In relation to the well-being aspect of ArtiPeeps, it is also my intention to create a sister site (ArtiPeeps Well-being) that is dedicated to supporting creative minds. The two sites will be interlinked, but there will be a very clear psychological imperative to the sister site using art, literature and poetry therapeutically and creating links with similar groups and organisations such as Space2Create (with whom we’ll be forging a firm link shortly).

We also have our first prose collaboration Hot Potato kicking off in the middle of April, where 8 prose writers (Ben Cooper, Gail Aldwin, aksania xenogrette ,  CJ Sullivan, AK AndersonLaura Besley, Gwendolyn S, Natalie Beech (over a period of 16 weeks, will be writing one short story sequentially). It’s going to be good. We’ve got great potatoes!! 

We have also found another visitor peep/artist in residence Kelly Occhiuzzo who will be with us for the month of May co-ordinating and taking part in a 4 artist project she has developed in which 4 separate new pieces of art will be created over the period of a month. We’re in the process of firming everything up at the moment. We’re so glad to have her with us!

My focus is still firmly fixed on building as many individual and group opportunities into ArtiPeeps as possible, and the well-being sister site will be developed steadily alongside everything as best I can. I have to admit that balancing the running of ArtiPeeps with actually doing what I need to do to develop it is difficult. Finding the time to do business plans, make connections etc. At present I am in the process of trying to find not only someone to help me with all the day-to-day computer work but also someone who can help me with the budgeting of my 5 year business plan which will act as the foundation of ArtiPeeps’ business equity and project crowdfunding plans. I am approaching CamCreative in relation to this….

In terms of individual opportunities, ‘Weekend Showcase’ is running smoothly every Friday with a new creative featured each week. Every creative showcased is then offered the option of taking up ‘FreeSpace’ (3 separate slots which can be taken up in a cluster or spread across months for mini-projects or for further platforming). James Knight has already done so and Koos Kleven (cartoonist) is also taking up this offer as has poet Oregon McClure. I am also starting up another mini-opportunity called ‘FullSpread’ which will offer creatives: a showcase, ‘FreeSpace’ and a guest blog. This could work particularly well for groups and organisations that want to not only communicate what they do but also want to foreground individuals and projects. We are in fact in the process of offering this to Space2Create.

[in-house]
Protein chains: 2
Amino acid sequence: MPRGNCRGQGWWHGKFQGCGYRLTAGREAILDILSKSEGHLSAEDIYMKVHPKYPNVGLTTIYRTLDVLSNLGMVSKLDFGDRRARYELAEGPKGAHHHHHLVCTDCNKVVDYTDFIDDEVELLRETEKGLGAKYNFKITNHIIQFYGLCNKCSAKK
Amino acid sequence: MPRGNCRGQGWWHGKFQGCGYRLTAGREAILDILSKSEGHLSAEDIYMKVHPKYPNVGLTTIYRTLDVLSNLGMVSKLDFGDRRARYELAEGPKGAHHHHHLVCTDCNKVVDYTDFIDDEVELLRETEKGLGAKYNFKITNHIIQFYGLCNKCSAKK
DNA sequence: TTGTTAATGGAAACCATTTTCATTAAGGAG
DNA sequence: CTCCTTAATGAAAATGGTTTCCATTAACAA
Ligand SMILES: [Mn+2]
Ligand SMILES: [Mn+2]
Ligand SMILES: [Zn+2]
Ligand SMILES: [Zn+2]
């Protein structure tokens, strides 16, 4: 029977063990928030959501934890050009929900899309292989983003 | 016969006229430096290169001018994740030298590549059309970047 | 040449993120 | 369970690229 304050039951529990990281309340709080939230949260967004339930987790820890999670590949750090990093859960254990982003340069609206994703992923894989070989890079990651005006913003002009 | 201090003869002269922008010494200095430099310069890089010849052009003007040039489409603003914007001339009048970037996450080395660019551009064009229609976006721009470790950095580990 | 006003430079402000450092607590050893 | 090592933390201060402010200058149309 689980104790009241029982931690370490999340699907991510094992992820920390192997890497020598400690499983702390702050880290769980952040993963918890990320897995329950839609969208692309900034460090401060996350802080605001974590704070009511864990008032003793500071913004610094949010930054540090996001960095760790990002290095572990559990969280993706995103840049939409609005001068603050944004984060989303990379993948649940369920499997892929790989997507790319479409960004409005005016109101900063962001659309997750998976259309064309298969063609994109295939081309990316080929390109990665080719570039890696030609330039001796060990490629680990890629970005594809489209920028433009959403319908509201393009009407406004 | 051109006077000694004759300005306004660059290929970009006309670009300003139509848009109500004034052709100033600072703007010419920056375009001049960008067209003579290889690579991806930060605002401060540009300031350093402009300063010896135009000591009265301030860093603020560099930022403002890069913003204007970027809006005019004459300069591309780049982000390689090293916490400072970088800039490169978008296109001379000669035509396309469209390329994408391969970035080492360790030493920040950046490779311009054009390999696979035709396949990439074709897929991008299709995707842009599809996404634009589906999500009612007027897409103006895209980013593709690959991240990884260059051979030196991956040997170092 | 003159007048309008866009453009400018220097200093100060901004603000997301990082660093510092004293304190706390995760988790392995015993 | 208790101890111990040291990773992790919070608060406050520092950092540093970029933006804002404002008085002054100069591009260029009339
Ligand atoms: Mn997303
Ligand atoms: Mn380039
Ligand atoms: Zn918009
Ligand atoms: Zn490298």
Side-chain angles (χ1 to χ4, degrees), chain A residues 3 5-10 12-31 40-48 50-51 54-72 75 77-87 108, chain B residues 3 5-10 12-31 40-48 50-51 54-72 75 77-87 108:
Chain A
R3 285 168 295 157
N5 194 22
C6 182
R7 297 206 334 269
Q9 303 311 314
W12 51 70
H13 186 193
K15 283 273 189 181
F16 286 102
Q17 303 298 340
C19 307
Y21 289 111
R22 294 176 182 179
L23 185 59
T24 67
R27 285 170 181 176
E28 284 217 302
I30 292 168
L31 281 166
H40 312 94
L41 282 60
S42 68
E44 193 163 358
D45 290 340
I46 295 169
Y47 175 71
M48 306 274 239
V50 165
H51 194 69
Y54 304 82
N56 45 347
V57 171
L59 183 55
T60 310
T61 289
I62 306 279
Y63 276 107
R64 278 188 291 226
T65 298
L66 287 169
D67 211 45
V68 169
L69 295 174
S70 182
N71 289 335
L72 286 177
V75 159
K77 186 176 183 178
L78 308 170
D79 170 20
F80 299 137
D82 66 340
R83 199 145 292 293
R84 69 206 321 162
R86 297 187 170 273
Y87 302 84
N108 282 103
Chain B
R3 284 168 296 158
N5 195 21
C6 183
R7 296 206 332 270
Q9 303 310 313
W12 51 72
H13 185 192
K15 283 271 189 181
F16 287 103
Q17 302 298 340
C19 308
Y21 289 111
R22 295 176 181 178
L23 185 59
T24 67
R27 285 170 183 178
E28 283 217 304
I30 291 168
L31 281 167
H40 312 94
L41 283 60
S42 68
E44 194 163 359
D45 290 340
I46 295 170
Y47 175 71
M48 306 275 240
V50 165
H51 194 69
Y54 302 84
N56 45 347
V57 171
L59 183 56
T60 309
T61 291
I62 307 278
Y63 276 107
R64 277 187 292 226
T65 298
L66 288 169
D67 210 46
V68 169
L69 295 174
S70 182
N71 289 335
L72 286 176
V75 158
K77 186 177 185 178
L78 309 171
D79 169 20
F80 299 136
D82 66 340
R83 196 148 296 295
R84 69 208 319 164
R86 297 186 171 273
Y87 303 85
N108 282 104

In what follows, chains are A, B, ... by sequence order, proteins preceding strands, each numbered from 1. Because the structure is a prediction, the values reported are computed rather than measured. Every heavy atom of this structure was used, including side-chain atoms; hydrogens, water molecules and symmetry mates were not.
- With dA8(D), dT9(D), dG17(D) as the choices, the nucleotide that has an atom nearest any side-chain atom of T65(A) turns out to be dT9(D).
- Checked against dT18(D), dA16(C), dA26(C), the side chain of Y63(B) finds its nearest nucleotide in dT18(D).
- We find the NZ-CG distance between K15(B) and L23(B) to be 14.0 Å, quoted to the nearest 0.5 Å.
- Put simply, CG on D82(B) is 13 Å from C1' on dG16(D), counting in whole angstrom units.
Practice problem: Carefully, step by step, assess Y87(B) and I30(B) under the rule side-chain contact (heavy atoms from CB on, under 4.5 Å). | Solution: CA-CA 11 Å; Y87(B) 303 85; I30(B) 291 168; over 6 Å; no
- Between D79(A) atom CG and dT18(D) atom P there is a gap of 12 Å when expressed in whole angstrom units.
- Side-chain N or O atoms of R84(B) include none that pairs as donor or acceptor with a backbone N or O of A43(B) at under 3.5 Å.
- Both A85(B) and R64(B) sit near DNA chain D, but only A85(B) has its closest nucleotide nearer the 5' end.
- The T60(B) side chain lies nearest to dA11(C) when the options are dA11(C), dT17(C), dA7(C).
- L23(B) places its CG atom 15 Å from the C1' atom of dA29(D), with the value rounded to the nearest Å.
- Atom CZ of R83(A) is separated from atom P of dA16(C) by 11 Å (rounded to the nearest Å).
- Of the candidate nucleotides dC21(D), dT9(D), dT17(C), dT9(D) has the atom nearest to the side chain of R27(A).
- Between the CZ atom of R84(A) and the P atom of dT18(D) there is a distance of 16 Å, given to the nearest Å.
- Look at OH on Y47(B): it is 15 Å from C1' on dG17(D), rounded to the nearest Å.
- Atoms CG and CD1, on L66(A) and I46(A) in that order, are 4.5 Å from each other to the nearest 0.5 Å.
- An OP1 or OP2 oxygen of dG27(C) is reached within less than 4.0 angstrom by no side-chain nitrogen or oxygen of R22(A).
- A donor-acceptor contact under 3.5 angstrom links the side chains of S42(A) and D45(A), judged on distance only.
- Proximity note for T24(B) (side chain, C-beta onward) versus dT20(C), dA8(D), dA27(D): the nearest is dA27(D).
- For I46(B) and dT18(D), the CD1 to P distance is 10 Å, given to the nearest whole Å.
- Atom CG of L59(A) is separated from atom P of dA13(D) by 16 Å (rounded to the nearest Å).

In terms of features our usual ones,Frenzy’s Flash Feature’ (Greg Mackie), ‘Flash Fortnightly’ and ‘Classic Friday’ ( Nisha Moodley) are going strong, and we have now introduced a new monthly ‘writerly’ feature ‘The Tiniest of Things’ with poet Tiffany Coffman.

Last week ArtiPeeps was nominated by Ant DiMartino for the ‘Very Inspring Blogger Award’ which caused me a bit of concern because it’s not me that does all the writing and the contributing it’s you. As I said to Ant I’m thinking hard how best to handle this and I will only proceed if I can foreground creatives from within ArtiPeeps and its environs… and they might not want to participate…so we”ll see.

As you can see there’s a lot going on; things shaping and shifting in every direction. It’s all really exciting but there’s such a lot to do so it’s about being slow and steady whilst embodying boundng hare-like energy that moves us consistently forward. It’s a matter of stepping forward each day and leaning into every opportunity I can to develop ArtiPeeps and all those who sail in her.

I thank every single contributor and supporter of ArtiPeeps. You are growing ArtiPeeps by your sheer presence and that is an amazing gift, and if you want to get involved just contact me!

Nicky 

>>

* “Recovery is being able to live a meaningful and satisfying life, as defined by each person, in the presence or absence of symptoms. It is about having control over and input into your own life. Each individual’s recovery, like his or her experience of the mental health problems or illness, is a unique and deeply personal process.” Scottish Recovery Network 2009

Recovery is not about ‘getting rid of problems’. It is about seeing people beyond their problems – their abilities, possibilities, interests, and dreams and recovering the social roles and relationships that give life value and meaning”Julie Repper and Rachel Perkins, 2002

Flash Fortnightly #10

20 Mar

Words 2

Welcome to Flash Fortnightly! 

Laura Besley